# R代写|R语言代写|统计学代写-False Discovery Rates

R代写|R语言代写|统计学代写: 这是一个利用R语言解决统计学问题的题目
In this document we’ll present both some simulations to indicate why multiple testing is a problem and then some tools for false discovery rates in R.
Simulation I – Pairwise Comparisons
This simulation is simply intended to demonstrate the potential effects of multiple testing on comparing factor levels. We’ll assume a completely randomized design in which 500 subjects are each assigned to one of 100 factor levels at random. This gives us 100 groups of five subjects:
mat = matrix(rnorm(500),5,100)
Note here that all groups are generated the same way – using a standard normal distribution – so that there
should be no difference between them.
We’ll now obtain the average value in each group (note that the apply function here usese the function mean on each column of the matrix mat)
means = apply(mat,2,mean)
and use the sort function to sort these from smallest to largest. The ‘ix’ component that is returned gives the
index of the smallest mean, then the second smallest etc. We can use this to re-order the columns of matt
If we produce a boxplot of these values, we see a generally increasing trend
boxplot(mat,cex.lab=1.5,cex.axis=1.5,col=’blue’)
ord = sort(means,index.return=TRUE)\$ix mat = mat[,ord]
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1 9 18 28 38 48 58 68 78 88 98
this is because we’ve sorted the columns so they should show that – lowest first, highest last. Now, of course, we were going to examine all pairwise comparisons, including testing between the highest and the lowest mean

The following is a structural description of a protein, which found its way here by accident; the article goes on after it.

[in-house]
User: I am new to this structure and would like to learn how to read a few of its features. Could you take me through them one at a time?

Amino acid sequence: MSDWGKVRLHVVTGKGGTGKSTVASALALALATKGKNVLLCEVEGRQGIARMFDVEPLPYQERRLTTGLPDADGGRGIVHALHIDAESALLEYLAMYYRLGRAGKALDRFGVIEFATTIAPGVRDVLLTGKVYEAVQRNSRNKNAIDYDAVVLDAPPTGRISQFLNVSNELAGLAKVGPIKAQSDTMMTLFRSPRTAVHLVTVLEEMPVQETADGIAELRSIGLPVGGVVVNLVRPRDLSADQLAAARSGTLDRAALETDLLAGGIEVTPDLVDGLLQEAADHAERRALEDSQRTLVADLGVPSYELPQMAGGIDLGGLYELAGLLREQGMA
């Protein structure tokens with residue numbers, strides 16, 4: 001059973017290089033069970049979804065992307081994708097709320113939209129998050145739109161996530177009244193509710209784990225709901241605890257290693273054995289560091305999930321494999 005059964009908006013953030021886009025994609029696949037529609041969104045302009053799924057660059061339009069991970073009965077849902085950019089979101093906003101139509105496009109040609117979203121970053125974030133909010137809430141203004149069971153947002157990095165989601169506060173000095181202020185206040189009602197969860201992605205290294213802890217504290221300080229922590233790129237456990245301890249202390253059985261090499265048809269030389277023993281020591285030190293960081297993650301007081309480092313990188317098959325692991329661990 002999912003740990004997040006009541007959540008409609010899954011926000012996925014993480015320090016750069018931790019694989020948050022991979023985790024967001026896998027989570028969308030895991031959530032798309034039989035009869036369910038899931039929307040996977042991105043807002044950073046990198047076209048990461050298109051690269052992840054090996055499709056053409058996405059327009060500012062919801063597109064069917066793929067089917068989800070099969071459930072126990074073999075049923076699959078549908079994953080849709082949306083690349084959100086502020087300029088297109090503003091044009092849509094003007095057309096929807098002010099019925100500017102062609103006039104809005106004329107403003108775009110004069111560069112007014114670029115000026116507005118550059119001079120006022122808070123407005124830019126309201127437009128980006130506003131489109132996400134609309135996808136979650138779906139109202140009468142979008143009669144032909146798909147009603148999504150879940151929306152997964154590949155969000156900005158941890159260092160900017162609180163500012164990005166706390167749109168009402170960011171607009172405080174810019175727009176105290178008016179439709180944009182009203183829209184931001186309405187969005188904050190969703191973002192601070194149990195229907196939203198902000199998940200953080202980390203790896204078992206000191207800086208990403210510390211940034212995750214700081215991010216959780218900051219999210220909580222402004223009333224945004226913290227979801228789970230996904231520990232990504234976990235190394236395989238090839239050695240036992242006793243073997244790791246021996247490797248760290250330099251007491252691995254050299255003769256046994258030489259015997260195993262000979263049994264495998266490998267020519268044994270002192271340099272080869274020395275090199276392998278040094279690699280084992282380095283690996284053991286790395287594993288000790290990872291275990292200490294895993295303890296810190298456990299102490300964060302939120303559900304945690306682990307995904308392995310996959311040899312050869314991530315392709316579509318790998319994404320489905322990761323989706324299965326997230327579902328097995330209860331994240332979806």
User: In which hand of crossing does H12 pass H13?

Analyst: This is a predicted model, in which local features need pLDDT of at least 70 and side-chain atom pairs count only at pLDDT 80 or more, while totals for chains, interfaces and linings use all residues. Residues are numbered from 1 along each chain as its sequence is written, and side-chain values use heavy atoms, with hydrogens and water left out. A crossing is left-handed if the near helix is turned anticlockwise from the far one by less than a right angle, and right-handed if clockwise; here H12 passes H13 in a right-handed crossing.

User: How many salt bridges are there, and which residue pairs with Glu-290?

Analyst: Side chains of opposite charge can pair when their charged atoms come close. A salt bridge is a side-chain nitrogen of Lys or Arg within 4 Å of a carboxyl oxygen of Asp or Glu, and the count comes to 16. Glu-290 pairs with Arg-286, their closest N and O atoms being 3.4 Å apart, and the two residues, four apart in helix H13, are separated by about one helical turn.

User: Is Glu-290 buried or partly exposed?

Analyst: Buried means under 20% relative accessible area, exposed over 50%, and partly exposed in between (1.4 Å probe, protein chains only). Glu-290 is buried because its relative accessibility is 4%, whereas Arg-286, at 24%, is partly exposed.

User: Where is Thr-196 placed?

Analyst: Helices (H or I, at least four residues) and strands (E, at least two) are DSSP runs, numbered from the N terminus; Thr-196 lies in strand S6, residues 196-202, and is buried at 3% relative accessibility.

t.test(mat[,1],mat[,100])
##
## Welch Two Sample t-test
##
## data: mat[, 1] and mat[, 100]
## t = -4.0935, df = 6.996, p-value = 0.004616
## alternative hypothesis: true difference in means is not equal to 0 ## 95 percent confidence interval:
## -3.870197 -1.035886
## sample estimates:
## meanofx meanofy
## -1.4961285 0.9569127
This is strongly significant! The reason for this is we are choosing the two means that are farther apart. With a large number of groups we expect the lowest mean among the groups to be pretty small, similarly for the group with the highest mean. A randomly-chosen pair of groups has a 5% chance of being declared significantly different, but if we look at all pairs of groups, we will chose these. Note that which pair of groups is farthest apart will change each time you do the simulation, but there will be some pair that is, and they will look significantly different.
We can also use this simulation to explore the use of Tukey’s HSD. For this we’ll need to turn mat back into a vector and add a group indicator
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matdat = data.frame(y=as.vector(mat), x=as.factor( rep(1:100,1,each=5))) and we can run the TukeyHSD procedure as
HSD = TukeyHSD(aov(y~x,data=matdat))
This produces a 4950 (the number of possible pairwise comparisons) by 4 table with colums being – Difference between means – Lower confidence interval for difference – Upper confidence interval for difference – P-value of difference corrected for multiple comparisons If we look just at the smallest corrected p-values we get
min(HSD\$x[,4]) ##  0.1935257
which is now much larger than 0.05 and we can correctly conclude that none of the pairs of means are different from each other.
Simulation II – Inflation of P-values
This simulation is designed to illustrate the inflation of the effective p-value through multiple testing. That is, we normally conduct a test with the view that “If the null hypothesis was true, and we re-did the experiment many times, we would incorrectly reject the null 5% of the time.”
Here we will examine the situation where you are conducting 5 experiments and will publish whichever experiment results in a statistically significant result. The question posed is “Suppose all 5 null hypotheses are true, what is the probability that I will get to publish at least one paper?” That is, what is the chance that one out of five will come up. (Note the contrast to Simulation I above – there we had many levels to compare but only did one experiment; here we are repeating our five experiments many times).
We are going to suppose that all the hypotheses can be tested with a t-test with five degrees of freedom. So each time we repeat the experiment we get five t-statistics. If all five null hypotheses are true then each statistic has a t5 distribution and we can generate 1000 replicated experiments as follows: